Motor manufacturers are warning that the Government’s decision to cut the Plug-in Car Grant has damaged the outlook for future sales, which look set to ‘lag behind government ambitions’.
The SMMT has included hybrids and plug-in vehicles in its quarterly forecast for the first time, predicting that plug-in and pure electric car sales will have a 4% market share by 2020. This is at the lower end of the government’s 3-7% stated ambition. The association’s outlook shows that plug-in car sales will rise 13.2% to 56,000 in 2018, by 25.7% to 70,000 in 2019 and by 32.4% to 93,000 in 2019.
It expects diesel’s share of the new car market to fall to 580,000 or 25.2% by 2020.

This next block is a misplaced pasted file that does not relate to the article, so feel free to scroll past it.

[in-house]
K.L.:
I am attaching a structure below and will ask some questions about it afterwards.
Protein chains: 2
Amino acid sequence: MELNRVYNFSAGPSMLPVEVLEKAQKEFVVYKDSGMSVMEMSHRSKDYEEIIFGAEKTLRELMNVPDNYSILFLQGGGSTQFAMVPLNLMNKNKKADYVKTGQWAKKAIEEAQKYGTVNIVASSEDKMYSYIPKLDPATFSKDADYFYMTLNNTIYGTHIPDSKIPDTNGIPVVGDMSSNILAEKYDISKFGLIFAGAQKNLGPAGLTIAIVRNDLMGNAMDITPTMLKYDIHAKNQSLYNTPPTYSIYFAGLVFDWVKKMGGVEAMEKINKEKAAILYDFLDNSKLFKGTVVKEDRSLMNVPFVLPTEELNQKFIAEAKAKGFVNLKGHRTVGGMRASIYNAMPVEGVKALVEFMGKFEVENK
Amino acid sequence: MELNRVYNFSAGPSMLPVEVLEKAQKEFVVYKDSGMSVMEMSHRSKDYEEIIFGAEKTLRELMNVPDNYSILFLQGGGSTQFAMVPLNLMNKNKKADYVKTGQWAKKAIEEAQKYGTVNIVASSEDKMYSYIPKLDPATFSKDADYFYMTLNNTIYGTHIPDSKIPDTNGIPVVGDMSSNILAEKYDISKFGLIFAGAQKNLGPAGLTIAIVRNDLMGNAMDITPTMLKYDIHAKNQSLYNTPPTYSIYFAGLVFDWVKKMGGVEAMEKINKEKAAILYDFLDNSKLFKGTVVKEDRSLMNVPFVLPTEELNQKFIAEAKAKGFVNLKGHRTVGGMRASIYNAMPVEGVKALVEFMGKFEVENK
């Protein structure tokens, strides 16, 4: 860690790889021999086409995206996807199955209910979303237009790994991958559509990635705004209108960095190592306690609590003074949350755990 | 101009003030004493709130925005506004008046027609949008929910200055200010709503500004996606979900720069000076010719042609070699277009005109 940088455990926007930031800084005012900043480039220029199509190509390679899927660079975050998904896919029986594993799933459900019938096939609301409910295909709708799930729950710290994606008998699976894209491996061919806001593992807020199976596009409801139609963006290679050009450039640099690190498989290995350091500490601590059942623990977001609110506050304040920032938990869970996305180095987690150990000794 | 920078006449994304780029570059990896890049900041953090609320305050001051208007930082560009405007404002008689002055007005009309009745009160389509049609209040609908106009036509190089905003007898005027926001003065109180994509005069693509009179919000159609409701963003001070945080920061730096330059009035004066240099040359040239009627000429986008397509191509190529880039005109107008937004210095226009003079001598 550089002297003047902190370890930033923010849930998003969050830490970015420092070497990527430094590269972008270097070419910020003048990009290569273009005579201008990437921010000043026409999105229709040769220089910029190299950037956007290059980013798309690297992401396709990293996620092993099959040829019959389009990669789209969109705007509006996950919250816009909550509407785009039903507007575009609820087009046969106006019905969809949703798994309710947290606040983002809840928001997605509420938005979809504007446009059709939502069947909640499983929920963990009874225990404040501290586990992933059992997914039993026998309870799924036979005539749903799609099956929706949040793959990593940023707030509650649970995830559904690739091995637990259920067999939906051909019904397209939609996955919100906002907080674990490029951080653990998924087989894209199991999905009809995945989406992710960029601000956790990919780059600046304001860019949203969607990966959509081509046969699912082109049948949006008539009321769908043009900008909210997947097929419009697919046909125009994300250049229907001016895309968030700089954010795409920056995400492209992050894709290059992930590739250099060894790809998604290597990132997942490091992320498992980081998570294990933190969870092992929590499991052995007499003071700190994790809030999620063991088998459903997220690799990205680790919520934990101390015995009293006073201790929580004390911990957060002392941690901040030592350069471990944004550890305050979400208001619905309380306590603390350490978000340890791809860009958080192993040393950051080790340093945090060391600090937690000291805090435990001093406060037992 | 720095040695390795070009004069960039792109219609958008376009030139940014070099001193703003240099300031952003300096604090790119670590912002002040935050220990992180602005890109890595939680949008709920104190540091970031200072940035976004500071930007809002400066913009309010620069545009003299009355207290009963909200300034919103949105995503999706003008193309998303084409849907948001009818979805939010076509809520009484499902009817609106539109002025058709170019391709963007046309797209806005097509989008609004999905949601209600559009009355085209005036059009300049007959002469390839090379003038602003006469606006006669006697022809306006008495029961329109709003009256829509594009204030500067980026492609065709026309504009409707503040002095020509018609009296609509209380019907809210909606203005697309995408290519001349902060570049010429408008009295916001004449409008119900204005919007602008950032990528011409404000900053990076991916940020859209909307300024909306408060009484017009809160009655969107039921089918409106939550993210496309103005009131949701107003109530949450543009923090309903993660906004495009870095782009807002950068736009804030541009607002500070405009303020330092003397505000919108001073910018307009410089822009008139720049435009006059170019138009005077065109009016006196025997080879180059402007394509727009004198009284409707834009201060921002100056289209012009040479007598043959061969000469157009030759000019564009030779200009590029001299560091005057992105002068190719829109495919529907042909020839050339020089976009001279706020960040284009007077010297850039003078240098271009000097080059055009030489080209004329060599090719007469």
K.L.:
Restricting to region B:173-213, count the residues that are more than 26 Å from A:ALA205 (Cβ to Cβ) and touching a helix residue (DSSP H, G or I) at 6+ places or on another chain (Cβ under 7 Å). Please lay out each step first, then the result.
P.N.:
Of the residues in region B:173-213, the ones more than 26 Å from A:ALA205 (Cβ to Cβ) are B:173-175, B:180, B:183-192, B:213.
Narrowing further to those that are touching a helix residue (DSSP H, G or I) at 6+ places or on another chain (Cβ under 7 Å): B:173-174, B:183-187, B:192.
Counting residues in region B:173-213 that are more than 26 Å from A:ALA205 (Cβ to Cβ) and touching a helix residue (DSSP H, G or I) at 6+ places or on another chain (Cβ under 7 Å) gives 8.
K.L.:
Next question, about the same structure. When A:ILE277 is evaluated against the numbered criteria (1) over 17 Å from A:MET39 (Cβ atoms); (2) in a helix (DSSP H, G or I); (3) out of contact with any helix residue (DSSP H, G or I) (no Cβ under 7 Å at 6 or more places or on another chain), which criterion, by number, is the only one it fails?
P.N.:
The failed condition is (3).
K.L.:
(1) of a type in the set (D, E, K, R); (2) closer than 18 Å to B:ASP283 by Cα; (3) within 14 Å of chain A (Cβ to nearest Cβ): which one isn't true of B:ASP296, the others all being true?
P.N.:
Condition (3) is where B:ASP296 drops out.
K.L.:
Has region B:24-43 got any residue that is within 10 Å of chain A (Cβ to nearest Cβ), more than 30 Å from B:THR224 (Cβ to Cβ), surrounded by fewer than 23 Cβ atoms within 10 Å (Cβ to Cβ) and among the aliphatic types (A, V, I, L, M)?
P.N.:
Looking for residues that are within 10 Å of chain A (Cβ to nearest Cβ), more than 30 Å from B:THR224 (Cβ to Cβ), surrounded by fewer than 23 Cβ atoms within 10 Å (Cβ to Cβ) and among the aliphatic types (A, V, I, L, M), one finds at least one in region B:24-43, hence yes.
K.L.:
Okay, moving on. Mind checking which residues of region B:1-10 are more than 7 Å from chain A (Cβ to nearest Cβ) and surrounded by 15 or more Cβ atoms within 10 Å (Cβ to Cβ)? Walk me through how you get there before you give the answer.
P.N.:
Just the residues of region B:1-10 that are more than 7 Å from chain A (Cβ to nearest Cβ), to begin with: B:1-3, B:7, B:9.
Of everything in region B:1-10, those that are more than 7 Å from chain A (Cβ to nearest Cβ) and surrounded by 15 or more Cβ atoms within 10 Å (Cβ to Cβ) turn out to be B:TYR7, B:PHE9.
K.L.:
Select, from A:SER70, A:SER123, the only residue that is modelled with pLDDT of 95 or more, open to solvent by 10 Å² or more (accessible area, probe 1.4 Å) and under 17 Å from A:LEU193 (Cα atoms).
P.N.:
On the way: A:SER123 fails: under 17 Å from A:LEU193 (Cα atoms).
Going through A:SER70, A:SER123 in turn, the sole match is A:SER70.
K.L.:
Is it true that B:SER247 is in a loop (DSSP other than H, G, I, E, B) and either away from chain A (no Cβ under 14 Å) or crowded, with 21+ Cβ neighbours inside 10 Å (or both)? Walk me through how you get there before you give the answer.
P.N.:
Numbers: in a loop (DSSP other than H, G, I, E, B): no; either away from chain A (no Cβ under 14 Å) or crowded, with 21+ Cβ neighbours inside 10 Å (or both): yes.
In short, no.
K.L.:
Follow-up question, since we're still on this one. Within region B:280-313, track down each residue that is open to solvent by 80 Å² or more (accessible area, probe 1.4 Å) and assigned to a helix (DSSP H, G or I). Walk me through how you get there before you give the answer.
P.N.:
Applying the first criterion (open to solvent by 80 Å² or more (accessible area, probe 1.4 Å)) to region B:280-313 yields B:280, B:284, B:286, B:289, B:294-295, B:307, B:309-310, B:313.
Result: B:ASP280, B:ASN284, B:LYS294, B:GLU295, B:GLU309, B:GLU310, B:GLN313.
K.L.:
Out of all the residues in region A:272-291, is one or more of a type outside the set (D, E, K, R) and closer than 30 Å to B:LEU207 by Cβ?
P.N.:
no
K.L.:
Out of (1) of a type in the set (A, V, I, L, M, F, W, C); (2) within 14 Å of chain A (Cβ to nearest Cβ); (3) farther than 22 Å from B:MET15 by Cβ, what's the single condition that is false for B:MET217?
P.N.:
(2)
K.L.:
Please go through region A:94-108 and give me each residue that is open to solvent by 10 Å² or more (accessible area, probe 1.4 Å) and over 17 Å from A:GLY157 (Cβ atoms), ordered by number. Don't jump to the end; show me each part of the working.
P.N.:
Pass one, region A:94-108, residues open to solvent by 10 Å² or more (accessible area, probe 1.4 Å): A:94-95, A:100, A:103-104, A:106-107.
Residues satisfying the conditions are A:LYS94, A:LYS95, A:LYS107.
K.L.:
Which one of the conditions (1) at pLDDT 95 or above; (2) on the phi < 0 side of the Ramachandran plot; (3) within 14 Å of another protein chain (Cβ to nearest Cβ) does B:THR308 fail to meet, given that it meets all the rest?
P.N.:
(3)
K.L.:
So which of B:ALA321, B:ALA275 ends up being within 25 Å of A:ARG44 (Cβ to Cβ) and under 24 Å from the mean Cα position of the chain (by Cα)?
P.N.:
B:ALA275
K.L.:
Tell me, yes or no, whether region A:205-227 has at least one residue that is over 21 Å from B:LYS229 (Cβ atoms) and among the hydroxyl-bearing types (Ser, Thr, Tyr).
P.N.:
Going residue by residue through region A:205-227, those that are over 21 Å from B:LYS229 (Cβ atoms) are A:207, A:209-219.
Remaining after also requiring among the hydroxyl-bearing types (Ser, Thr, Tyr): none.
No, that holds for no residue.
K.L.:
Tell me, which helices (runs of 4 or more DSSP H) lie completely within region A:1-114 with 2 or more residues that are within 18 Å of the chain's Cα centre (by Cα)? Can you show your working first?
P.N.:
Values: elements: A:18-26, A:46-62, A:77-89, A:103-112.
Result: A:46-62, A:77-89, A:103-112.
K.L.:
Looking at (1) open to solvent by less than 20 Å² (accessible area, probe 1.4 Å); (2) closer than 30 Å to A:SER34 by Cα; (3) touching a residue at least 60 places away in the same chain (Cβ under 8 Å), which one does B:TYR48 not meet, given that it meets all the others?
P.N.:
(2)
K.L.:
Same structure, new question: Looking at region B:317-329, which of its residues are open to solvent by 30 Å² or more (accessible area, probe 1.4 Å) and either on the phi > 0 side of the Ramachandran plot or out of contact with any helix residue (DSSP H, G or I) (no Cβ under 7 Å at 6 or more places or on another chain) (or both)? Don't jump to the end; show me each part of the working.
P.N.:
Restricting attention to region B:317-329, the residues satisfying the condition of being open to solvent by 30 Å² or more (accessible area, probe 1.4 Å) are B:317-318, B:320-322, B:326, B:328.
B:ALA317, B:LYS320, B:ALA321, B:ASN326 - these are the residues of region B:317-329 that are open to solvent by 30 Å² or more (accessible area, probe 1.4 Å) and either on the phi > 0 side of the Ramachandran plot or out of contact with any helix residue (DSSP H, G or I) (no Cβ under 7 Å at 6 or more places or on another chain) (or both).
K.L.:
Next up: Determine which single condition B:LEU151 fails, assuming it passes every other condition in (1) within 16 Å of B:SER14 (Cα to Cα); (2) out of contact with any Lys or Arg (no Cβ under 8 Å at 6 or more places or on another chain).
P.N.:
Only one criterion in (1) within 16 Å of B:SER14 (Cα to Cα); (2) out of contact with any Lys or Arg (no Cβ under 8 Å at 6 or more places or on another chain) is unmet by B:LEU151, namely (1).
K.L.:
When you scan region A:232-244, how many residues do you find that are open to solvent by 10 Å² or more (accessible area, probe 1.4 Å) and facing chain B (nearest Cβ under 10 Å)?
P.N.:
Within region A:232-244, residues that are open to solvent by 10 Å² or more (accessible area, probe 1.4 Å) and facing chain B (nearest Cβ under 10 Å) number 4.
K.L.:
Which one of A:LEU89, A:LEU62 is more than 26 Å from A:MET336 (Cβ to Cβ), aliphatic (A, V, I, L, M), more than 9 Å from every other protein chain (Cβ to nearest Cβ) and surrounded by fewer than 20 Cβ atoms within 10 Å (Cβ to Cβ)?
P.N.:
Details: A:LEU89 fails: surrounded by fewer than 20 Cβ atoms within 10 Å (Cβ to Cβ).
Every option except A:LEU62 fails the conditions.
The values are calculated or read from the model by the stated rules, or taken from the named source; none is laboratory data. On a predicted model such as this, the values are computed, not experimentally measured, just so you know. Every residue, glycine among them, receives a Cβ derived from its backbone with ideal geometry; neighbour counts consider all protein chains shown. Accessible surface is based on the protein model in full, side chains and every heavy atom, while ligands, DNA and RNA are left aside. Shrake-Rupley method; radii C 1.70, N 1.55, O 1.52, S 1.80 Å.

Plug-in vehicle registrations were the bring spark in an otherwise disappointing set of new car registration figures for October, which saw total deliveries fall 2.9% compared to the same period in 2017.
Registrations for pure electric and plug-in-hybrid cars rose by 86.9% and 19.1% respectively, partly in response to the news that the Plug-in Car Grant was being cut. Diesel’s share of the market continued to fall and now stands at 31.9% after a 21.3% decline in monthly registrations.
Commenting on the results, SMMT Chief Executive Mike Hawes said: “VED upheaval, regulatory changes and confusion over diesel have all made their mark on the market this year, so it’s good to see plug-in registrations buck the trend.”
He went on to echo the BVRLA’s call for a swift review of the new WLTP emissions standard and its impact on taxation: “The Government’s forthcoming review…must ensure that buyers of the latest, cleanest cars are not unfairly penalised else we will see older, more polluting cars remain on the road for longer.”